"The Original Six": Term for the NHL’s six senior franchises; The New York Rangers, Boston Bruins, Detroit Red Wings, Toronto Maple Leafs, Montreal Canadians, and Chicago Blackhawks.
Pinch: Defensemen usually hang out at their team's blue line, but A "pinching" defensemen will leave his post and push further into the offensive zone in order to support the forwards and keep the puck in the zone.
Pipe: The pipe is the goalpost, and if you hit a puck "between the pipes" you score a goal!
Playoff beard: A playoff beard is the superstitious practice of a National Hockey League (NHL) player not shaving his beard during the Stanley Cup playoffs.
Point: A position just inside the blueline usually occupied by a defenseman when their team is in control of the puck in the offensive zone.
Poke check: Trying to knock the puck away from an opponent by stabbing at it with the blade of the stick.
Power forward: A power forward is a large, muscular offensive player (6'0 - 6'5, 210-240 pounds), with the mobility to track a puck to the corners of the rink, the physical toughness required to dig it out, and the puckhandling skills to get it back to anyone in front of the net.
Pretty Goal: It is a goal scored with exceptional flair and skill.
Pulling the goalie: A team that is losing will sometimes take their own goalie off the ice and use another forward. This situation occurs most frequently near the end of the game when a team is behind and needs some emergency offense.
Ragging the puck: Using up time on the clock when leading in the final moments of a period or the game.
Referee’s Crease: The 10’-2’’ Official sanctuary from all players when he skates to the timekeeper where he reports his final decision on a goal or penalty.
“The Room”: The room is a hockey team's dressing room. It also loosely refers to a team's chemistry, or aura that surrounds the team, or a team's camaraderie. There is a saying among hockey players: Nothing leaves the room. Everything that is said in a team's dressing room among the team stays within the team. Reporters and even coaches are invited into the physical room after games and practices, but never into the emotional inner sanctum of the room.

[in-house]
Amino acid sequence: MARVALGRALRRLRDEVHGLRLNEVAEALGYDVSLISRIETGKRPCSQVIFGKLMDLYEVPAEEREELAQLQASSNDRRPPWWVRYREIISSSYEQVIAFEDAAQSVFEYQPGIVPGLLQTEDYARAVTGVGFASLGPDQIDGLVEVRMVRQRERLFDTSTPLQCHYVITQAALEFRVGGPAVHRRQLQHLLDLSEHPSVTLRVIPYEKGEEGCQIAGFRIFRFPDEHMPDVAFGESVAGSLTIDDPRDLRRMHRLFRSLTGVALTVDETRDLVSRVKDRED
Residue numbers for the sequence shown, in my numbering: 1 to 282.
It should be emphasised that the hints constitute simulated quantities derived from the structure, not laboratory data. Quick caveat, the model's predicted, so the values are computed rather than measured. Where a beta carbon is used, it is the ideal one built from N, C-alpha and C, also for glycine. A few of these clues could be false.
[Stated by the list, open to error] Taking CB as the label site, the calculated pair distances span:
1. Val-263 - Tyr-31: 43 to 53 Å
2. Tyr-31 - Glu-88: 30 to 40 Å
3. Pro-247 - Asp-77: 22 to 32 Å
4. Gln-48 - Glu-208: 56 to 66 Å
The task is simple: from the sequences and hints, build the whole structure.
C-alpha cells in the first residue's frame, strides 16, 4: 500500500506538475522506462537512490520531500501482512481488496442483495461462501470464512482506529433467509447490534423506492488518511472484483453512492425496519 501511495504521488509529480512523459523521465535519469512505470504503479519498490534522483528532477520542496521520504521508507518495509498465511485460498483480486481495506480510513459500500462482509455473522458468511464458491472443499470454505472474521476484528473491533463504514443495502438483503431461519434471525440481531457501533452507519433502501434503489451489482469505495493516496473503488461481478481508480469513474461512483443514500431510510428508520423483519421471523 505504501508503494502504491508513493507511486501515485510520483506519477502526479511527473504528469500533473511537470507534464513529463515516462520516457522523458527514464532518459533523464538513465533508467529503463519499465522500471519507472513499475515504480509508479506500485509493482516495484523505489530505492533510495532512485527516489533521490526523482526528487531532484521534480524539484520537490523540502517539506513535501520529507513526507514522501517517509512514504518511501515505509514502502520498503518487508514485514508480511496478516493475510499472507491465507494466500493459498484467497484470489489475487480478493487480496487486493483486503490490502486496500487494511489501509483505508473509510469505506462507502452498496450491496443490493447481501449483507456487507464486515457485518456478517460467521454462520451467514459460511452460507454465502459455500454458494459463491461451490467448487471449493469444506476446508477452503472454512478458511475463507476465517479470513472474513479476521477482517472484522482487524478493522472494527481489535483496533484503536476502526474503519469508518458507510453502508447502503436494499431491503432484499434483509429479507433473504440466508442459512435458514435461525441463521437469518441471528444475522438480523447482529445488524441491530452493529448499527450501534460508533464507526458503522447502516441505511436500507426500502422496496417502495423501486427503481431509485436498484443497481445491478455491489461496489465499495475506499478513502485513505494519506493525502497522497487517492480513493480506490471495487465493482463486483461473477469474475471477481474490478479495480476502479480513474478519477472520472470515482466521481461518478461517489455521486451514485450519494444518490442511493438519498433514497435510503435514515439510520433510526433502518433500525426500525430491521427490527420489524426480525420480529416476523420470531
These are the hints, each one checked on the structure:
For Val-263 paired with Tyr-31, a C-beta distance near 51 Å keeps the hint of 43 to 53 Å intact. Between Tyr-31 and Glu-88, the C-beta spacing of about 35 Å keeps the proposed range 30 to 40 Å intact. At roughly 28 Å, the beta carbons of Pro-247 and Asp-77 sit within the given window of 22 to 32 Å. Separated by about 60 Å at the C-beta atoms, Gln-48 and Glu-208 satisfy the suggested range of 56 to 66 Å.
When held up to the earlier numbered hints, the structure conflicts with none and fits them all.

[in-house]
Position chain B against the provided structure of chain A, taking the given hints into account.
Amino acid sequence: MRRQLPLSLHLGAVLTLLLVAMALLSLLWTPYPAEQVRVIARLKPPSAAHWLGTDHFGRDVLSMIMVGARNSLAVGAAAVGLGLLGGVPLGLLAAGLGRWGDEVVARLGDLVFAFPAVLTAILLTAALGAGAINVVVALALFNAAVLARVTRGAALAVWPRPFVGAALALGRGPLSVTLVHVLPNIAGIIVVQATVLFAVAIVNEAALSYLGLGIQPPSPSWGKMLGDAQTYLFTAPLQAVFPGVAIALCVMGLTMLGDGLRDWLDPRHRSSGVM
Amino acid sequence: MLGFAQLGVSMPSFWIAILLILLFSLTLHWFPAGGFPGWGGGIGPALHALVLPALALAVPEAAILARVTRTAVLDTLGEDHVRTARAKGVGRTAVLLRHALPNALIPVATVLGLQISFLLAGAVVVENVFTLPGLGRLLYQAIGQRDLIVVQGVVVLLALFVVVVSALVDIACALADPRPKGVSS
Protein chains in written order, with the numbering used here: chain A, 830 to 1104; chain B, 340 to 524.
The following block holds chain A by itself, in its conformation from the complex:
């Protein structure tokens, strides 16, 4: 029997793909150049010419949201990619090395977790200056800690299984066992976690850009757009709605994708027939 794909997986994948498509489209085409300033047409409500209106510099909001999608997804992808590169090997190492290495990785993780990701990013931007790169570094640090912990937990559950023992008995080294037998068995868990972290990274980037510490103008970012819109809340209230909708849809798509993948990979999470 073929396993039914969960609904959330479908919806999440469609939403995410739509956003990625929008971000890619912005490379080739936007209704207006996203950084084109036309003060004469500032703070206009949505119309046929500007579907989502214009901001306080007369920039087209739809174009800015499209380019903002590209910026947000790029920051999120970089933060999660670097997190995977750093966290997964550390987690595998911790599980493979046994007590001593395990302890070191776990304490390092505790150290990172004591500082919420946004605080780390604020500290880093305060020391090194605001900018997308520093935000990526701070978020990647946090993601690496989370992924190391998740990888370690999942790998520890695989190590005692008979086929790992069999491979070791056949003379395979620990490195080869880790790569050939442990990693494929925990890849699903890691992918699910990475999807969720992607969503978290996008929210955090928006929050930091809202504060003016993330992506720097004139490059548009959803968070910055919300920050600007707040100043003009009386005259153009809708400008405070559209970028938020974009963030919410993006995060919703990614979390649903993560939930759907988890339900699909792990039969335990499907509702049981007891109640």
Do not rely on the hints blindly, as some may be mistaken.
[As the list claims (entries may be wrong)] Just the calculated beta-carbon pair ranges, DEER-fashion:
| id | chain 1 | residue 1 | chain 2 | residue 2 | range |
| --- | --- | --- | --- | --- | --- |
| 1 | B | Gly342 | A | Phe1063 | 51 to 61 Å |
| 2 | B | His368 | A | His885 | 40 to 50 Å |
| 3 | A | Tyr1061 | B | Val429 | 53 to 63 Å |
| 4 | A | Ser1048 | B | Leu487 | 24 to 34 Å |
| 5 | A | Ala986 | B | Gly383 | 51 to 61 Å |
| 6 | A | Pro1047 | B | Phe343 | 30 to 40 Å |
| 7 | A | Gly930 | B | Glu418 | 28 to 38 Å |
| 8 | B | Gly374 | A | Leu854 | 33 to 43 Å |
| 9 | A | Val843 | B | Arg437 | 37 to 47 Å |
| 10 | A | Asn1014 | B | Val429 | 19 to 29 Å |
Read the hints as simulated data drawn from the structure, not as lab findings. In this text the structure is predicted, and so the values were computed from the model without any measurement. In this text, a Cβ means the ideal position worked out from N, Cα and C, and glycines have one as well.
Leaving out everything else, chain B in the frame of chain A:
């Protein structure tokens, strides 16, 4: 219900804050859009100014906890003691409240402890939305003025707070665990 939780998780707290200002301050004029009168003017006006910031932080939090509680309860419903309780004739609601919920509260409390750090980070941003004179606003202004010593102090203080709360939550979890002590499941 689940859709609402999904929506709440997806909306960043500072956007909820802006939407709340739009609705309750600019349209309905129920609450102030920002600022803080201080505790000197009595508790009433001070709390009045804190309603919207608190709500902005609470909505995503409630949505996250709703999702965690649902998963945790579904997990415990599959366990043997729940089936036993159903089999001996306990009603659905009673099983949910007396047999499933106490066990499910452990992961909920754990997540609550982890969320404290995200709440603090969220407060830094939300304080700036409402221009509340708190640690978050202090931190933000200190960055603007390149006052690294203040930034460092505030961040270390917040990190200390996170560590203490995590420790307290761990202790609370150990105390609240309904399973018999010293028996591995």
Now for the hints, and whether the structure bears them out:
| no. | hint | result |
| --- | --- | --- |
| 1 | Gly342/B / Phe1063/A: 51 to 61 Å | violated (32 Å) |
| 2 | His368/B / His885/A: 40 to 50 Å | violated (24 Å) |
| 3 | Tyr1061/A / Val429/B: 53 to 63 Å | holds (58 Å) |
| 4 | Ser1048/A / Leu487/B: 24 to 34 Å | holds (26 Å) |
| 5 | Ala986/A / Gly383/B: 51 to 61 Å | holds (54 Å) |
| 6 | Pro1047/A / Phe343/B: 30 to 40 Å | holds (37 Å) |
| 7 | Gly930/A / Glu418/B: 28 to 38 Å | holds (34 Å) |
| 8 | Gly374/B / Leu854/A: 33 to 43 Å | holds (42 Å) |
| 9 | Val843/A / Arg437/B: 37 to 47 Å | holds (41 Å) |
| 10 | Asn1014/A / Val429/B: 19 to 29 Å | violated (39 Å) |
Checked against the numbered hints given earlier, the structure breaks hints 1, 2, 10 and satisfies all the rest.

Saucer pass: A saucer pass is an airborne pass from one player to another. It is called a saucer pass because the puck resembles a flying saucer in mid air.
Shadow: When a player covers an opponent one-on-one everywhere on the ice in order to limit the effectiveness of this opponent.
Sieve: Slang term for a goalie that gives up a lot of goals and appears to have a lot of holes. Think spaghetti strainer.
Sin Bin: Where a player goes after he is called for a penalty. Also simply known as the penalty box.
Slot: The prime scoring area up the middle of the ice, between the face-off circles in the attack zone.
Sniper: A player who is a pure goal scorer that is always able to find open space to get his shot off.
Spin 'o' Rama: Phrase to describe a player completing a tight circle with the puck fully under control in an effort to get by a defender.
Splitting the defense: When a player in possession of the puck goes between two opposing defenders while attacking.
Stack the pads: A save wherein the goaltender drops to one side and makes the save with his leg pads stacked on top of one another.
Standing on his head: When a goaltender is playing great, stopping everything sent his way and making outstanding saves, he is said to be “standing on his head”.
Stay at home defenseman: This type of player never misses a defensive assignment. You will never find him stuck out of position in the offensive zone. The true definition of a “Defensive Defenseman”.
Stoned: A great save by the goalie will have the announcer say, “He stoned him from point blank range.”
Sweep check: Using the entire length of the stick with a sweeping motion along the surface off the ice in order to dislodge the puck from an opponent. A team that is shorthanded on a power play often employs a sweep check.
Tape-To-Tape: Adjective describing a perfect pass. The centers of the blades of hockey sticks are usually wrapped in black tape.
Tic-Tac-Toe: Three tape-to-tape passes that lead to a goal. Tic-tac-toe goals are usually scored on odd-man rushes or power plays, because opponents don't have enough defenders to break up passes.
Toe drag: Dragging the puck along the ice with the end (toe) of the stick blade on the ice as opposed to the bottom edge.
Top Shelf: Placing a shot in the top quarter of the net.
Traffic: Traffic in hockey sense means there are a lot of players gathered in one area, usually in front of the goal net.
Trap: Traps are defensive formations designed to minimize the opposition's scoring opportunities and keep its offense from functioning. The idea is to trap the puck in the neutral zone, halting the opponents from entering the offensive zone.
Two-Way Center: A center that has equal value in his offensive and defensive zone. Mark Messier was the ultimate “two-way center”.
Wraparound: A player skates behind the opposing goal and attempts to wrap the puck around the goal post and into the net.